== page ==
Asset Locator Chart: So how do you solve this problem. At the minimum, you need a list of all of your investments, where they are held, and the approximate amount in each. Obviously you need to update this list periodically and you need to tell someone (maybe your attorney if there is no one else) where this document is kept. We call it an “asset locator” chart and give each of our clients a blank one when we create that client’s estate plan (Living Trust, etc.). If you are so inclined you could create the form on your computer or it could be a paper version. Of course, this approach does not solve the problem of having multiple investment plans that don’t work together (i.e. too many eggs in one basket)–what might be called proper diversification.
Consolidation: In order to solve the diversification problem, you need to consolidate–that is the wise way to go. The next question, of course, is which of your present investment houses do you use to consolidate everything under one roof. Or do you use a completely different company. It, of course, can be a trust company or an individual advisor. For a number of years, I tried to find the best trust company. I went through various iterations: the biggest, the one with the trust officer with the advanced degree, the one with the best return, the one with the lowest fees, etc. None of those approaches worked. They all tend to follow similar investment approaches, hire the same types of smart people to handle the investments, and each report their returns by varying different methods preventing comparison (there is no federal formula for calculating return as there is with mutual funds). Comparing fees is equally impossible.
How to Select a Trust Company that is the Right Fit: I finally came down to the best is the one which is going to be the most responsive. And that responsiveness depends on your situation. For example, would one of the really big trust companies be appropriate? If you are Warren Buffett you are going to receive its top people and they are going to fall over themselves to return your phone calls. You are not Warren Buffett. One of the large companies I have dealt with has several trust centers around the country for their “smaller accounts.” The junior trust officer is going to be to whom you are assigned. Maybe the junior-junior trust officer. I don’t know how many accounts that officer is handling at any one time (although I have been told it is a lot) but let’s agree that responsiveness is gong to be somewhat less than Warren would receive.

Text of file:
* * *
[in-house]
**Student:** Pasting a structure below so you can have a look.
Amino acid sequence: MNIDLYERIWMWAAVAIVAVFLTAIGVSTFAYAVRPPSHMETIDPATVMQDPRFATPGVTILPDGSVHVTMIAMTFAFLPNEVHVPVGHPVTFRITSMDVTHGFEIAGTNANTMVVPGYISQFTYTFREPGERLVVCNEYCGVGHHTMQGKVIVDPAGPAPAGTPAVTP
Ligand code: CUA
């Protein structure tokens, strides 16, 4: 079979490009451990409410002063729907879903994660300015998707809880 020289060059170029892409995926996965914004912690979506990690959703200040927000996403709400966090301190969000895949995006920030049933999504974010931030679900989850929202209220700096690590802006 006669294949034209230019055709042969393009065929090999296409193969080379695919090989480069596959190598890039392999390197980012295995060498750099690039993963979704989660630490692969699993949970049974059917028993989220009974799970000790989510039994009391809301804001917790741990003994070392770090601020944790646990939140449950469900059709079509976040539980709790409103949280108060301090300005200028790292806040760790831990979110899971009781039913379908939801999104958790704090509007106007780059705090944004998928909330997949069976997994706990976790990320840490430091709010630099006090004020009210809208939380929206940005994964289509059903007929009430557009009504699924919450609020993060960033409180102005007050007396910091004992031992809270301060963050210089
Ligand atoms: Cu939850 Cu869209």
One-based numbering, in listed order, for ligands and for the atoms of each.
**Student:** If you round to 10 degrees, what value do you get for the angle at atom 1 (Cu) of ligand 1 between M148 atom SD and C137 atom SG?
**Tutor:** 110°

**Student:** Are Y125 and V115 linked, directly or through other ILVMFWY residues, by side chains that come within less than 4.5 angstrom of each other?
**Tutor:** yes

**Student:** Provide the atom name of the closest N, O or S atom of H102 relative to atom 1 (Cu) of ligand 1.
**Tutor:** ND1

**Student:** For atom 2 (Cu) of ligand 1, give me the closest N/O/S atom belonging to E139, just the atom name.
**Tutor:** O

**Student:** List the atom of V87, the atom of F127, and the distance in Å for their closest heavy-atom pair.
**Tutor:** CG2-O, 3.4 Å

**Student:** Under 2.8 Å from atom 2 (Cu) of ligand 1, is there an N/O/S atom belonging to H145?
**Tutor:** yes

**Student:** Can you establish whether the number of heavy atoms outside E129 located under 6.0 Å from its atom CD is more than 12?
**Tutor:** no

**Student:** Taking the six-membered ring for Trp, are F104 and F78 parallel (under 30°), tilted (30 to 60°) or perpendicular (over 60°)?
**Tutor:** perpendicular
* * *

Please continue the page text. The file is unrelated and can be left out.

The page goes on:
There is another trust company that is very large with relatively low fees (no, I’m not going to name names). They have different levels of investment divisions. Less than $500,000, less than $1 million, etc. They do a fairly good job. But, the good officers keep getting kicked upstairs to the next higher level leaving the investor to create yet another new relationship and the advisor to become familiar with the investor’s goals, time horizon, and risk tolerance. And the officer is typically a youngster (in his/her 20’s or 30’s). I don’t know about you, but I would like someone who is a bit more seasoned.
Rely on Your Attorney: So how do you know what company is “right.” That is your attorney’s job. Yes, that’s right, your attorney should not be there to just draft documents as this person should have a wealth of experience and knowledge that can be used for your benefit. He/she should know with whom he has a good relationship and who has good responsiveness for your wealth level.
Transfer Assets: Once that company is selected, all of the investments will be transferred (generally in kind so that there is no tax ramification) to the selected company. And life will become much easier for you (just one monthly statement and one person with whom to discuss things). And certainly, life will be much easier for the manager if something happens to you.